• 11. 11 SUCCESSFUL TACTIC: FRAMING AN ISSUE  Give people the information they need, in ways they can use it  Lays out several options or views (including ones you don’t agree with!)  Trust them to make good decisions
  • 12. 12 Successful tactic: Encouraging citizen action
  • 13. 13 Successful tactic: Encouraging citizen action
  • 14. 14 Successful tactic: Encouraging citizen action
  • 15. 15 SUCCESSFUL TACTIC: ONLINE TOOLS Texting, Twitter, Facebook, Hootsuite, and beyond… Particularly good for:  Providing background information  Data gathering by citizens  Generating and ranking ideas  Helping people visualize options  Maintaining connections over time
  • 16. 16 “Sometimes you need a meeting that is also a party. Sometimes you need a party that is also a meeting.” Gloria Rubio-Cortès, National Civic League SUCCESSFUL TACTIC: FUN
  • 17. 17 STRENGTHS OF OCCASIONAL ENGAGEMENT  Making policy decisions, plans, budgets  Catalyzing • citizen action  Rebuilding • trust, fostering • new leadership
  • 18. 18 LIMITATIONS OF OCCASIONAL ENGAGEMENT  Lots of work for temporary gain  Inefficient – every organization on its own  Community moves back to ‘politics as usual’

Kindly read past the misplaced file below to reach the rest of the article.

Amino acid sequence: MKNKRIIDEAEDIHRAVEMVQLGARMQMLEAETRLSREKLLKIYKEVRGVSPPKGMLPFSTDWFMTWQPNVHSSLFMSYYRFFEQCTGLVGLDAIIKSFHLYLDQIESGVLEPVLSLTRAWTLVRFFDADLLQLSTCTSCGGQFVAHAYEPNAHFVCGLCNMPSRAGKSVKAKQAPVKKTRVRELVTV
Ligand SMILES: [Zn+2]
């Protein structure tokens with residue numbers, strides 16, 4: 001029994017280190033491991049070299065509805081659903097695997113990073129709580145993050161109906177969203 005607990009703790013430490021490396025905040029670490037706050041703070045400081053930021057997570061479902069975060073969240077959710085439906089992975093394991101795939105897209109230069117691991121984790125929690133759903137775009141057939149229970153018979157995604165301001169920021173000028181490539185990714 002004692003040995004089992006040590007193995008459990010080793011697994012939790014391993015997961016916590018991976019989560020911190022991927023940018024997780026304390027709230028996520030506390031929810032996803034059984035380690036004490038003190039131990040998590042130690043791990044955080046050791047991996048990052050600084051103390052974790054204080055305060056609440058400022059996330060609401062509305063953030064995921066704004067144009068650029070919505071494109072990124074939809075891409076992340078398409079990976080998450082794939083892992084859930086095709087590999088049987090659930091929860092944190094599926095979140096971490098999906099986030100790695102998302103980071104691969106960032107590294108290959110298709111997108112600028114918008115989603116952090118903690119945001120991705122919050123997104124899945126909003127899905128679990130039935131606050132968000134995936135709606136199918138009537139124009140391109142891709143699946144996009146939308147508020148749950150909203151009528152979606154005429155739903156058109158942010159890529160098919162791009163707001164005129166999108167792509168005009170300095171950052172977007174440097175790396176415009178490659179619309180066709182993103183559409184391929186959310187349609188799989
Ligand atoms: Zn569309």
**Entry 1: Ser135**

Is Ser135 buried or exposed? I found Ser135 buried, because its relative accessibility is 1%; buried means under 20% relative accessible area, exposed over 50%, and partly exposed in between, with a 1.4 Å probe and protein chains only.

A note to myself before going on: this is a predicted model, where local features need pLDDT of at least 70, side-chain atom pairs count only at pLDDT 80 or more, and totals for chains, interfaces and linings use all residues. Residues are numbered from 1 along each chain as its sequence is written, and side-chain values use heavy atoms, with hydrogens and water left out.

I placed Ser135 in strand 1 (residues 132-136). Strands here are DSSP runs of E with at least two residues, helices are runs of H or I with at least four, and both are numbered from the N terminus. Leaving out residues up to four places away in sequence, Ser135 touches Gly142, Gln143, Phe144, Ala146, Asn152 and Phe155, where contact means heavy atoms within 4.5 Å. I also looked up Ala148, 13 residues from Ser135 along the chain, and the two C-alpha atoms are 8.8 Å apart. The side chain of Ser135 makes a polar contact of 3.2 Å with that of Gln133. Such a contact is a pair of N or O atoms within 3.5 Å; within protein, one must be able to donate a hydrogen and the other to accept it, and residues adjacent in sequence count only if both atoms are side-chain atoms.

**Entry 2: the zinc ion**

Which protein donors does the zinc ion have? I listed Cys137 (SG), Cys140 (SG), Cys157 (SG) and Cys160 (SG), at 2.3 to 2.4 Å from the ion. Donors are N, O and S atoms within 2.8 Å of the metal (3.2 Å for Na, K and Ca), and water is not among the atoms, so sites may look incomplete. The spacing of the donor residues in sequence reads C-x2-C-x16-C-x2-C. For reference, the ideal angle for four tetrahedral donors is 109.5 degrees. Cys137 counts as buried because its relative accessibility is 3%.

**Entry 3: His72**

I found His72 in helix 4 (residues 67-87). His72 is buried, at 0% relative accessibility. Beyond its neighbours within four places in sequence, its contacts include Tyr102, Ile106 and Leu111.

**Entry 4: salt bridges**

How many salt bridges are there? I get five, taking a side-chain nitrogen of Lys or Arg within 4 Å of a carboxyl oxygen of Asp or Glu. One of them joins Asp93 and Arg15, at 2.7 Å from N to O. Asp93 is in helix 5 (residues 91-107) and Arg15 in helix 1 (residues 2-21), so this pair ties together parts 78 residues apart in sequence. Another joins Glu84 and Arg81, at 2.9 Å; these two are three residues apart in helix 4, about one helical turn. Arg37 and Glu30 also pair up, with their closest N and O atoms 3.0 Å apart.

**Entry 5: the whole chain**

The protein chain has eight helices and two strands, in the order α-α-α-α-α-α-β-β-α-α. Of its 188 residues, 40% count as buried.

• 19. 19 “PORTSMOUTH LISTENS” PORTSMOUTH, NH  Ongoing since 2000  Several hundred participants/year  Addressed bullying in schools, school redistricting, city’s master plan, balancing city budget, whether to build new middle school, etc.
  • 20. 20 JANE ADDAMS SCHOOL FOR DEMOCRACY WEST SIDE OF ST. PAUL, MN  50-200 people in “neighborhood learning circles” every month since 1998  Involves recent Hmong, Latino, Somali immigrants  Young people involved in circles and other activities  Cultural exchanges - food, crafts, storytelling  Has resulted in new projects, initiatives, festivals, and change in INS policy
  • 21. 21 “CREATE BUCKHANNON” BUCKHANNON, WV  Ongoing process since 2009  Weekly lunch, using open space process, called “Meet and Eat”  Have created a park, a weekly summer music festival and market, a city plan, downtown improvements, and safe biking and walking routes
  • 22. 22 “DECATUR NEXT” DECATUR, GA